Teen Runaway Causes, Signs, Prevention, and What to Do if They Flee
by Kimberly Blaker
Freelance Family Writer
About Families Magazine, August 2017
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An alarming one in seven kids between the ages of 10 and 18 will runaway from home, according to a report by the National Conference of State Legislatures. Not to mention, it’s a spur of the moment decision for more than seventy percent of runaways, says the National Runaway Safeline. As a result, parents may see little clue their child might go missing.
August is National Runaway Prevention Month. So be aware of the causes and signs to watch for. Take preventative measures, and know what to do if your child does flee.
Teen Runaway Causes
There are numerous teen runaway causes. Many suffer from verbal, physical, or sexual abuse. Even when the situation isn’t as severe, often runaways feel neglected and lack financial and emotional support at home. They may also be in frequent conflict with their families. Some kids might have drug or alcohol addiction problems, or they’re trying to escape the addictions of their own parents. Other teen runaway causes include teen pregnancy and mental illness. Sexual orientation also often leads teens to runaway because they’re rejected by their families. Not to mention, foster kids frequently run back to their own families. Finally, some kids run away simply because they don’t like their parents’ rules.
Find out more about teen runaway causes at kidshealth.org
Youth Runaway Signs
Warning signs that a kid is planning to flee aren’t always present. Even when there are signs, most of these behaviors can be attributed to so many causes it’s difficult to predict a child is considering running away. But there are some telltale signs. The most obvious is when a teen threatens to do so. While it could be an attempt at manipulation in the heat of an argument, it should be treated as a serious warning sign. Your child may also start hoarding money, and valuable items might disappear from the house. You might notice your child keeps a bag or backpack filled with clothes. Your teen may also become more secretive or might start staying away from home as much as possible.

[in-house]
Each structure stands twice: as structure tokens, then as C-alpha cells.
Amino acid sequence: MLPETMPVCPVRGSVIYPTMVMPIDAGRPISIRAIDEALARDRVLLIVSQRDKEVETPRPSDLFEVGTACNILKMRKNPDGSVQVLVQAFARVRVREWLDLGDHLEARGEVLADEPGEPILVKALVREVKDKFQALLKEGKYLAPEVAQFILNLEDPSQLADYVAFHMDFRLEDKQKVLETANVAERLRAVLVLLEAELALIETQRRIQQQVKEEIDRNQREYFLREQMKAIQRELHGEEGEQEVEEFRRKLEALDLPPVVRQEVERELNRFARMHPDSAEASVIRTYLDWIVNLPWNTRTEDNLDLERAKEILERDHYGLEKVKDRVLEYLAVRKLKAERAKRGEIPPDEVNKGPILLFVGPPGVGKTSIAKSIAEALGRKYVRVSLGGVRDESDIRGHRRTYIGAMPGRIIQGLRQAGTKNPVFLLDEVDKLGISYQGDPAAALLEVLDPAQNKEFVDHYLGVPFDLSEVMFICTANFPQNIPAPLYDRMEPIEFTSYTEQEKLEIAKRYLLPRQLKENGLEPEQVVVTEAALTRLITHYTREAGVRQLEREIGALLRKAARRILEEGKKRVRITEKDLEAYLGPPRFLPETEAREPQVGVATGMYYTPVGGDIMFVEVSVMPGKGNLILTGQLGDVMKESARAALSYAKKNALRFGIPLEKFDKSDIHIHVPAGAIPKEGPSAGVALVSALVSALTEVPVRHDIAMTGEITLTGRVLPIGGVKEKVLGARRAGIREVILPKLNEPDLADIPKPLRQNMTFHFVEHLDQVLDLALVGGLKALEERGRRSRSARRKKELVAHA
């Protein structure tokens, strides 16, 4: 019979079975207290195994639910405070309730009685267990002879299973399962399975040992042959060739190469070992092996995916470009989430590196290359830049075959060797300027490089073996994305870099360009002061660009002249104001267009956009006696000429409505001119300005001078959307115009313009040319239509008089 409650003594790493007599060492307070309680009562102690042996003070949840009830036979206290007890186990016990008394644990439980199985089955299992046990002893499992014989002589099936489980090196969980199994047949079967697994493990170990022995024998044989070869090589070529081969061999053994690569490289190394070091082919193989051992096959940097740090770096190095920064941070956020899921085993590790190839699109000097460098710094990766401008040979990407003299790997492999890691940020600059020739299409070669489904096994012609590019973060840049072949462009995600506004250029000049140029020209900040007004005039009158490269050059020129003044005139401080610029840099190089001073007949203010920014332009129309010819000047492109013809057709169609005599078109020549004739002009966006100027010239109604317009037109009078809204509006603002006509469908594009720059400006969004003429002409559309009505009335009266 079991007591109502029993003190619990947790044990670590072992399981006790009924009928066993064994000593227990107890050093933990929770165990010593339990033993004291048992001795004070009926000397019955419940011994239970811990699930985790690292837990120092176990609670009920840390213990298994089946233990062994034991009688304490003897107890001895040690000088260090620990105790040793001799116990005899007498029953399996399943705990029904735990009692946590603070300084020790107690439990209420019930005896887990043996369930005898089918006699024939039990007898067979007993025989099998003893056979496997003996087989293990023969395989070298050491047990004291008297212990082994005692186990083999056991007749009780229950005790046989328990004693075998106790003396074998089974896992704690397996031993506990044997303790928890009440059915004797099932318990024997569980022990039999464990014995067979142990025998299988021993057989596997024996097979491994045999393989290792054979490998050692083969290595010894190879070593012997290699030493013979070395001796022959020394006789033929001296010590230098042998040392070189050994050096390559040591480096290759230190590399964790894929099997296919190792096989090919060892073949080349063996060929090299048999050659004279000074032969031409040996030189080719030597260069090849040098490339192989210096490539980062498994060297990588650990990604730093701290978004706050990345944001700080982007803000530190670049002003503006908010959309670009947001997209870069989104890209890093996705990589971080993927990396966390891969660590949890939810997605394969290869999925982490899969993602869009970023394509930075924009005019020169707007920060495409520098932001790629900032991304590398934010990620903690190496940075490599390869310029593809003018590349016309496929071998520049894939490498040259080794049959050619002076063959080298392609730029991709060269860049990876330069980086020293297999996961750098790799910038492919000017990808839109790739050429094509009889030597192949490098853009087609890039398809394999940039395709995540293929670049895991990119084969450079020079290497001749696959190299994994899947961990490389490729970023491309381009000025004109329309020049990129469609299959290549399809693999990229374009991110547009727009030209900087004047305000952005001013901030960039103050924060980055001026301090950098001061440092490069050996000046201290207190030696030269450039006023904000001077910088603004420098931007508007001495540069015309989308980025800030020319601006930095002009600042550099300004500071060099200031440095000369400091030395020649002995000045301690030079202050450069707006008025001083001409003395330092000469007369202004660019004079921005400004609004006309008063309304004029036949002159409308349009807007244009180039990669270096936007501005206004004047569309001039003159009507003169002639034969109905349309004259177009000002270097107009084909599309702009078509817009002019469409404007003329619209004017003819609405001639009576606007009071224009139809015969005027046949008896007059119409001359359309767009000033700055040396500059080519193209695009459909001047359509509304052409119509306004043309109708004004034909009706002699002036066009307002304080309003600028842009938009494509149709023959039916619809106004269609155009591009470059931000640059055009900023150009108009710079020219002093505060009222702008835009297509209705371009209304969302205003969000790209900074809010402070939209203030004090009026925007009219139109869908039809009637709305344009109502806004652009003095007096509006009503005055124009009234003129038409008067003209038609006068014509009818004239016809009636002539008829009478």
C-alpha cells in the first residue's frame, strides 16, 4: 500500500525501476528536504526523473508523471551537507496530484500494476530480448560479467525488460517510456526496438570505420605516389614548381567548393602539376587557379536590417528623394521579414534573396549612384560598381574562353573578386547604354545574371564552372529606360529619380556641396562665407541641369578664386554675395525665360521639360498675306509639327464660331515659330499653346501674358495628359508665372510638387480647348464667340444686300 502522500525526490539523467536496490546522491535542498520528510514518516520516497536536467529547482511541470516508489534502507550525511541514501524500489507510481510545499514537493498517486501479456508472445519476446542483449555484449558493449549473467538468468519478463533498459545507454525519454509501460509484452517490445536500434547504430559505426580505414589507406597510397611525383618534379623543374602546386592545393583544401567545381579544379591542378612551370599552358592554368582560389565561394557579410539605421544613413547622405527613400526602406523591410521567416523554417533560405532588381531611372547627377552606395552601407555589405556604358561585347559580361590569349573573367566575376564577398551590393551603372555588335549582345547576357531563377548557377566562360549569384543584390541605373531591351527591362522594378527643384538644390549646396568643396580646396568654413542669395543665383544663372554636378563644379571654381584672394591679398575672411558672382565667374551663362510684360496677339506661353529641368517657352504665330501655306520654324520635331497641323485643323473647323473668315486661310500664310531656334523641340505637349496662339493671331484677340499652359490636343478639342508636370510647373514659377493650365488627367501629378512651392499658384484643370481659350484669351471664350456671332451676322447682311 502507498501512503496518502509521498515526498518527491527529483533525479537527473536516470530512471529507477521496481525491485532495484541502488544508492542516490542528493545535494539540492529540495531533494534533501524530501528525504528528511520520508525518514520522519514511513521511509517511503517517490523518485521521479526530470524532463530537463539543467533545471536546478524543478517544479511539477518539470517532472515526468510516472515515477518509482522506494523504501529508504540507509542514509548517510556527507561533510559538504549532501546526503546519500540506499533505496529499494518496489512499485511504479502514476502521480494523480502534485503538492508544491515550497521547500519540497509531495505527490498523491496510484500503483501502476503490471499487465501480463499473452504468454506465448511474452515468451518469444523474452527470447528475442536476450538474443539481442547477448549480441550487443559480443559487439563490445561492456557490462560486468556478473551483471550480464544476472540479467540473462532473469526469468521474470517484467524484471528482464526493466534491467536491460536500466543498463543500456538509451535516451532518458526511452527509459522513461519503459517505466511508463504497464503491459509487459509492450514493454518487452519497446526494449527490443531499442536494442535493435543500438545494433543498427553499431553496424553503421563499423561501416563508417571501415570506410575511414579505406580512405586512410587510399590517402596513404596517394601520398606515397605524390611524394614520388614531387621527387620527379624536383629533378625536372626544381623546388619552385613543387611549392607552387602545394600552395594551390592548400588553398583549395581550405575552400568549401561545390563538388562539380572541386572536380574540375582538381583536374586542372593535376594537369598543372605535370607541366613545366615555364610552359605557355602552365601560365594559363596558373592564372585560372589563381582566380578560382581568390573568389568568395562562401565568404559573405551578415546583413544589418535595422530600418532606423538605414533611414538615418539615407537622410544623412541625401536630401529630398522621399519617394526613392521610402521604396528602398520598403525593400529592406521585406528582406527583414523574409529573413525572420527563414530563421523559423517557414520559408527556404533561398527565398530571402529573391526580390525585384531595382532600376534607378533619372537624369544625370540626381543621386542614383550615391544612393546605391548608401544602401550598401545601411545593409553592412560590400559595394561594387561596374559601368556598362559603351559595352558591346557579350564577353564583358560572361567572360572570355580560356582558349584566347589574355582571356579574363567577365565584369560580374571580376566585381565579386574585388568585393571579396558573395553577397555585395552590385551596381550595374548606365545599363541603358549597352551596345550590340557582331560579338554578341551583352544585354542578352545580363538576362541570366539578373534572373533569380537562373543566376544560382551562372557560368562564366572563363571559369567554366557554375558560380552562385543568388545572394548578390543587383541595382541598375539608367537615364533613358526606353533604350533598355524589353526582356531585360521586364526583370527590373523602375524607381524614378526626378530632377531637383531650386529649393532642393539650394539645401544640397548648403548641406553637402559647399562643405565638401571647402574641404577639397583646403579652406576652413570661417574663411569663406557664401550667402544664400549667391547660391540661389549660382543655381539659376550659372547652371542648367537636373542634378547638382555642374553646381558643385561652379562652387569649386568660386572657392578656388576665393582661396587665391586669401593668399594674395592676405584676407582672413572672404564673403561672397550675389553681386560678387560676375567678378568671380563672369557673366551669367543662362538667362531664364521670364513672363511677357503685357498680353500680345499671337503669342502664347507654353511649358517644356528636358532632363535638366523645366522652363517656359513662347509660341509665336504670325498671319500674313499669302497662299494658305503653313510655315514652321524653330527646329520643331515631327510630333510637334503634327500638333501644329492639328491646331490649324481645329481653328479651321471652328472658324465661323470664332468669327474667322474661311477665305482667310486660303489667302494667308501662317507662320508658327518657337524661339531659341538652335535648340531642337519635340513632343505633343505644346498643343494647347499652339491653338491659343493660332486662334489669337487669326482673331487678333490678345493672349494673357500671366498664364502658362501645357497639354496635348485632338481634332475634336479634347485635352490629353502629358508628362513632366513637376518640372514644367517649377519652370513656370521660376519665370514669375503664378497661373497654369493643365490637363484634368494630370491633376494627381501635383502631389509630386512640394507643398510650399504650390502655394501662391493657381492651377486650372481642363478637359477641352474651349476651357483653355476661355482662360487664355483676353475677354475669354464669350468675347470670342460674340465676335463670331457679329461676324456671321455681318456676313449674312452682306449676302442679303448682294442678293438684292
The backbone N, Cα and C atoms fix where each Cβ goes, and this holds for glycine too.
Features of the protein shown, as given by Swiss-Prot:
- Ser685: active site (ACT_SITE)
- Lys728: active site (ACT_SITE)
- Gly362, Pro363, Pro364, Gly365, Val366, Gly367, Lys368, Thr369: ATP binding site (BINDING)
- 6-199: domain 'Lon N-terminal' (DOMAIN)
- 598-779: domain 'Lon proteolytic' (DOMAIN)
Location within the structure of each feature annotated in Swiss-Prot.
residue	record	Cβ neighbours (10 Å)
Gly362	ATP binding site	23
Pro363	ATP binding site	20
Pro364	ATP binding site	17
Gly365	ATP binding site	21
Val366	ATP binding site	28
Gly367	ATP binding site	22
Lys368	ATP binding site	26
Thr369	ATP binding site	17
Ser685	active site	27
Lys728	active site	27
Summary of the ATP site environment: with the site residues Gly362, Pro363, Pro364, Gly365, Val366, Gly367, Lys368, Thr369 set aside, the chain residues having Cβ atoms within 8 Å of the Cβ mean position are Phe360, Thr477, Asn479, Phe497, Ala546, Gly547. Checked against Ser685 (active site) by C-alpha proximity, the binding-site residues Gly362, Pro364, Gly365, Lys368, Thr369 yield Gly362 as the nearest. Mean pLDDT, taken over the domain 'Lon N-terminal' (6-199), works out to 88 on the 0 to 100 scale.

The most important thing you can do is provide your child acceptance and unconditional love. Your child should feel she’s loved the same whether receiving straight ‘A’s or failing. A gay or
pregnant teen especially needs acceptance from her family. Also, if your teen has a drug addiction, make sure he understands while you hate the addiction, you love him. Show you care by asking your child how she’s doing or how things are going on a daily basis. This also gives your child an opportunity to open up.
This leads into another preventive measure, communication. Make sure your child knows he can talk to you about whatever is going on. Teach him how to talk calmly and express himself clearly – and always respond in kind. Ask your teen how you can improve the situation enough so he’ll want to stay.
If your child has actually threatened to runaway, first ask what’s going on and why she wants to leave, and try to address her concerns. Then discuss the risks involved with running away and homelessness: the long-term impact of not finishing school; drug or alcohol problems that often develop; the high potential for falling victim to human trafficking; or committing crimes as a means of survival and ending up in jail or prison.
What to Do if Your Child Runs Away
Call your local police, and make a report immediately.
Make reports with your sheriff and state police as well as police stations in neighboring communities.
Contact everyone your child knows, including their friends, the parents of their friends, relatives, coworkers, classmates, and school staff.
Try to access your child’s social media accounts, school locker, and thoroughly search their room for possible clues.
Contact their cell phone provider to see who they’ve recently called.
If your teen has a debit or credit card, contact the bank for details of any transactions.
Hire a private investigator.
Call the National Center for Missing and Exploited Children at 1-800-THE-LOST and the National Runaway Safeline at 800-RUN-AWAY
Kimberly Blaker is a family content writer and parenting writer.